Neil Murray, a Philadelphia injury attorney and partner at Sheridan & Murray, announced today that after an eight day trial, a jury awarded $1,533,000 to his client, Sonia O’Connor, in a medical malpractice lawsuit brought against two Philadelphia physicians. The jury of seven women and five men deliberated for four hours before reaching its verdict. Presiding over the trial was Judge Victor DiNubile in the Philadelphia Court of Common Pleas.
The case against the two Philadelphia doctors involved the medical care O’Connor received from one physician during her admission to a Philadelphia hospital and subsequent medical care received from a second physician during her admission to a Philadelphia nursing home. The claims of negligence against the hospital’s doctor were: failure to recognize the significant change in the O’Connor’s condition consistent with spinal cord compromise; failure to properly examine O’Connor; failure to have her evaluated by an specialist; failure to order indicated diagnostic studies; and failure to implement an appropriate discharge treatment plan. The claims of negligence against the nursing home’s doctor were: failure to recognize the significant change in O’Connor’s condition consistent with a spinal cord injury; failure to recognize significant neurologic symptoms; failure to properly evaluate and monitor O’Connor; failure to have O’Connor evaluated by a neurologist/neurosurgeon; and failure to transfer her for immediate surgical care.
On October 29, 2005, Sonia O’Connor, then 68 years old, was suffering with severe back pain and was admitted to a Philadelphia hospital under the care of one of the doctors named in the lawsuit. During this admission, on November 10, 2005, she was diagnosed with a destructive infection and abscess in her thoracic spine, thoracic osteomyelitis. O’Connor’s thoracic spine osteomyelitis required close monitoring, repeat diagnostic studies and an evaluation by a neurologist or neurosurgeon. This was not done by hospital’s doctor. During the week between her diagnosis of spinal osteomyelitis and her discharge from the hospital, the patient’s ability to walk deteriorated significantly. On the date of discharge, the hospital’s doctor sent the patient to a nursing home with nothing more than a prescription for antibiotics and physical therapy. Once at the Philadelphia nursing home, O’Connor came under the care of another doctor who was named in the lawsuit. While at the nursing home, the patient’s condition continued to worsen. She experienced progressive leg weakness, difficulty moving her legs, and eventually an inability to walk. Despite this serious decline in her condition, O’Connor was never evaluated by a spine specialist or neurosurgeon, or admitted to a facility with surgical availability to treat her spinal cord injury. On December 1, 2005, O’Connor suffered total paralysis of her legs.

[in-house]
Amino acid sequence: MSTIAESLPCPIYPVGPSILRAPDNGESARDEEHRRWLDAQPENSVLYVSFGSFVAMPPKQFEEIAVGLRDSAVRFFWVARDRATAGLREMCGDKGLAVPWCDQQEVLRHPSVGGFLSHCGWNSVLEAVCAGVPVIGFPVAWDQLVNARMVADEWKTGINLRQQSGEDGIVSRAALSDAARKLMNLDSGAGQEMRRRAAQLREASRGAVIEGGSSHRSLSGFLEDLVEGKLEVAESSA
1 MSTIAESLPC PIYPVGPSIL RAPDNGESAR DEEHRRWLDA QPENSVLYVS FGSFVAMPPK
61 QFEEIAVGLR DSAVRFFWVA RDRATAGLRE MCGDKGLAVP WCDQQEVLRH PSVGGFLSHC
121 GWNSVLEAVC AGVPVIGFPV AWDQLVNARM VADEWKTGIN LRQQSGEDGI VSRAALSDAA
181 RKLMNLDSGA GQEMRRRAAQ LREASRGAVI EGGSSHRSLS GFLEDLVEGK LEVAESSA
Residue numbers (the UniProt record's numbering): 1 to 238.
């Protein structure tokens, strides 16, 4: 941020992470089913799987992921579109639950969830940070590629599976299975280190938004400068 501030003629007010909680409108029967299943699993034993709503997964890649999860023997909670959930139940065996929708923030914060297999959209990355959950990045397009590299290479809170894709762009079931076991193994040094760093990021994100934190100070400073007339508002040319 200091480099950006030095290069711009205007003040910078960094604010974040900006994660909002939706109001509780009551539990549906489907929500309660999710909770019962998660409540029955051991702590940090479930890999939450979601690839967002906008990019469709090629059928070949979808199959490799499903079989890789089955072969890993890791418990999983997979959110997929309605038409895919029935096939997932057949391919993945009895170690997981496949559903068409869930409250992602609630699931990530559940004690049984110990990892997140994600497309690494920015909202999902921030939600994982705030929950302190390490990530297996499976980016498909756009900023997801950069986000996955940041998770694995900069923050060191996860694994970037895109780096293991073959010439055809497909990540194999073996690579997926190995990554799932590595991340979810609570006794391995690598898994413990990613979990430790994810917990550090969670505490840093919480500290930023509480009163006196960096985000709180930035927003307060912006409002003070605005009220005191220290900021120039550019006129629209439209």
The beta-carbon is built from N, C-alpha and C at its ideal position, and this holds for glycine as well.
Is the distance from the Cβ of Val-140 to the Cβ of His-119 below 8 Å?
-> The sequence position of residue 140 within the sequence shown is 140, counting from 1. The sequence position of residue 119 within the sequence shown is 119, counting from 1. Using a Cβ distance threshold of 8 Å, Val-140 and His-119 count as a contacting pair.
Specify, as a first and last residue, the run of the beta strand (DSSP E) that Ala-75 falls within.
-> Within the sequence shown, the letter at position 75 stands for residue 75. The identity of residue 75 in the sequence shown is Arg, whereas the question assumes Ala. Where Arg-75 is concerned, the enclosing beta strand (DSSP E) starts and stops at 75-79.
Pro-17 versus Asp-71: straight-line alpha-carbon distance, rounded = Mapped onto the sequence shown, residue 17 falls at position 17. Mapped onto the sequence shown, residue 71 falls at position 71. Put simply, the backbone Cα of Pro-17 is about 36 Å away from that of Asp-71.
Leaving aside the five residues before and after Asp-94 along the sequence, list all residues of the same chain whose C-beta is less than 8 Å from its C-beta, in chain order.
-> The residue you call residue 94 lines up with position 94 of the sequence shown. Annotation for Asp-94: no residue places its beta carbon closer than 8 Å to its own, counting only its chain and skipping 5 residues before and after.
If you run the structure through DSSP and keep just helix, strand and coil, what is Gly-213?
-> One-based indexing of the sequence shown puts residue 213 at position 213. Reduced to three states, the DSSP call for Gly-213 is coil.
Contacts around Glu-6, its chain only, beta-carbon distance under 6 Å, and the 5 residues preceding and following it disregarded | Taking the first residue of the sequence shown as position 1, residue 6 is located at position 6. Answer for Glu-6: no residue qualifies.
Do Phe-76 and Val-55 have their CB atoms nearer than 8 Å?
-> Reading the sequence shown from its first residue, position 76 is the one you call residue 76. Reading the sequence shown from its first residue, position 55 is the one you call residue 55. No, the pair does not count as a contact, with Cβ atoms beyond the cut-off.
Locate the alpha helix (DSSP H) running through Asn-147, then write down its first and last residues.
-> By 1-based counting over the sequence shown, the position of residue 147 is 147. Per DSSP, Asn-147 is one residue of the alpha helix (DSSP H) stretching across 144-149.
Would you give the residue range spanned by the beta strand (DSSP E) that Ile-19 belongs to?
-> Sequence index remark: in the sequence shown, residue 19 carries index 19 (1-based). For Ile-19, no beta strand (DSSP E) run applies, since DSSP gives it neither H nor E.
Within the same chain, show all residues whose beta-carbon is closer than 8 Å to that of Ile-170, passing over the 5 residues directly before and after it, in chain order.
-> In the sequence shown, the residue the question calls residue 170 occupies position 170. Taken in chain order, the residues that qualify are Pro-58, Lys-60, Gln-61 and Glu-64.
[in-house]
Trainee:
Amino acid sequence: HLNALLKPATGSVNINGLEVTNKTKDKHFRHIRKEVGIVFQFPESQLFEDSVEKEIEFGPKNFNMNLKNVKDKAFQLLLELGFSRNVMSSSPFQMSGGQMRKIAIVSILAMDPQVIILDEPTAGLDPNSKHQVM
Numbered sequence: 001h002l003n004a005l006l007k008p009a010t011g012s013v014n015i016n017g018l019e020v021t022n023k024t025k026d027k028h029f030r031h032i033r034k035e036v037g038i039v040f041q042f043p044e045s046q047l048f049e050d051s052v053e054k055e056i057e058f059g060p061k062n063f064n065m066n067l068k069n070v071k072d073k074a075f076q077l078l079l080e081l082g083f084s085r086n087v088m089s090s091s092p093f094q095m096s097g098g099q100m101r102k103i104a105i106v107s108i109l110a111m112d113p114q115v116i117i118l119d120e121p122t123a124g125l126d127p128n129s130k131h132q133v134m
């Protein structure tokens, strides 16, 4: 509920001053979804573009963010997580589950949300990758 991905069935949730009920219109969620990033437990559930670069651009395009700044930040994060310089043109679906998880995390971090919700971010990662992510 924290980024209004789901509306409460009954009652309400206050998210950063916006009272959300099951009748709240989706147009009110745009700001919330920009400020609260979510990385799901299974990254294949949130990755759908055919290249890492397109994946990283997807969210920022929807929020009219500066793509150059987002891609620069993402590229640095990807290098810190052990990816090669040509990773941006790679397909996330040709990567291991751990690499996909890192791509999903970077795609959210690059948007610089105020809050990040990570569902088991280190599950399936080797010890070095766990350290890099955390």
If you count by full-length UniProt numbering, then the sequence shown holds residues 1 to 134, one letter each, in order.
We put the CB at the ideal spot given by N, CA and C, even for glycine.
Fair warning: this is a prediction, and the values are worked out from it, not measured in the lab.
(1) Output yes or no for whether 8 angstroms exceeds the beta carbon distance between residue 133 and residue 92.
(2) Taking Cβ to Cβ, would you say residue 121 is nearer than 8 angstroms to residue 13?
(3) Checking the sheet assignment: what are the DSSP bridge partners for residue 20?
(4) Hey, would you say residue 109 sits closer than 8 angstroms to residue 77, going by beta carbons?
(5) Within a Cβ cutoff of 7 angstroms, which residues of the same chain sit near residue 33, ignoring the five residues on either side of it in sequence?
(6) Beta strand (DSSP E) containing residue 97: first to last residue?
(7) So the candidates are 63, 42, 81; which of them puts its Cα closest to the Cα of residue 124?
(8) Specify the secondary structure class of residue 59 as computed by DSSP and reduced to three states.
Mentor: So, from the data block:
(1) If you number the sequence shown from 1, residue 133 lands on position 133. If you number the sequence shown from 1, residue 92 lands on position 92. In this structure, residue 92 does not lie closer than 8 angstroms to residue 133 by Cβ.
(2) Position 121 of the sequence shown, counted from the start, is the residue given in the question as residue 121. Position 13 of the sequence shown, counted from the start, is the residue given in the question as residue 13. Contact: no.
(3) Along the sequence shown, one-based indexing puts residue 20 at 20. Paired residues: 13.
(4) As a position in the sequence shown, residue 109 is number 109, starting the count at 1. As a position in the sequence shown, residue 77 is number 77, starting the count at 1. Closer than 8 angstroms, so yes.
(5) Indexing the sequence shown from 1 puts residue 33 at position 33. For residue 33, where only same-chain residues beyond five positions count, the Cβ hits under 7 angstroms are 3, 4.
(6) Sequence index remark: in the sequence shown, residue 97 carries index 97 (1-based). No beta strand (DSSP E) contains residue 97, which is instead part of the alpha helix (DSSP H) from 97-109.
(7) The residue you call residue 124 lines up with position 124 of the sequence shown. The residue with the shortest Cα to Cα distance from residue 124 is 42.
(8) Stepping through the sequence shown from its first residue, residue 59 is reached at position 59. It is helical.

On December 2, 2005, O’Connor was transferred from the nursing home to a hospital and diagnosed with spinal cord compression caused by a collapse of her T-3 vertebrae She required an emergency surgery to remove the bone fragment from her spinal cord and subsequent surgery 11 days later to stabilize her spine. The collapse of her thoracic spine onto her spinal cord was due to the destruction of her spine caused by the osteomyelitis. Due to her spinal cord injury, O’Connor now has partial paralysis in her legs, very limited use of her legs, and is essentially wheelchair-bound.
Murray utilized the testimony of medical experts at trial on his client’s behalf and successfully cross-examined multiple defense medical experts to assist the jury in concluding that Sonia O’Connor’s spinal injury was preventable and the two doctors deviated from acceptable standards of care, increased the risk of harm to O’Connor, and contributed to her eventual paralysis.
After the $1.5 million medical malpractice verdict was returned, Murray said, “If Mrs. O’Connor received the proper medical attention during her initial visit to the hospital and subsequent care while in the nursing home, she would have full use of her legs today. Instead, she has partial paralysis, limited use of her legs, and will require ongoing medical care for her condition.”
In addition to the $1.5 million verdict against the two Philadelphia doctors, Sheridan & Murray also obtained settlements on behalf their client from a Philadelphia hospital and Philadelphia nursing home for undisclosed amounts.
About Sheridan & Murray – A Philadelphia-based law firm that represents victims of personal injury and their catastrophic consequences including medical malpractice, construction accidents, wrongful death, insurance coverage disputes, car accidents and product liability. The firm has successfully received million- and multimillion-dollar verdicts and settlements on behalf of their clients. To learn more about the Philadelphia injury lawyers that comprise Sheridan & Murray, visitwww.SheridanAndMurray.com.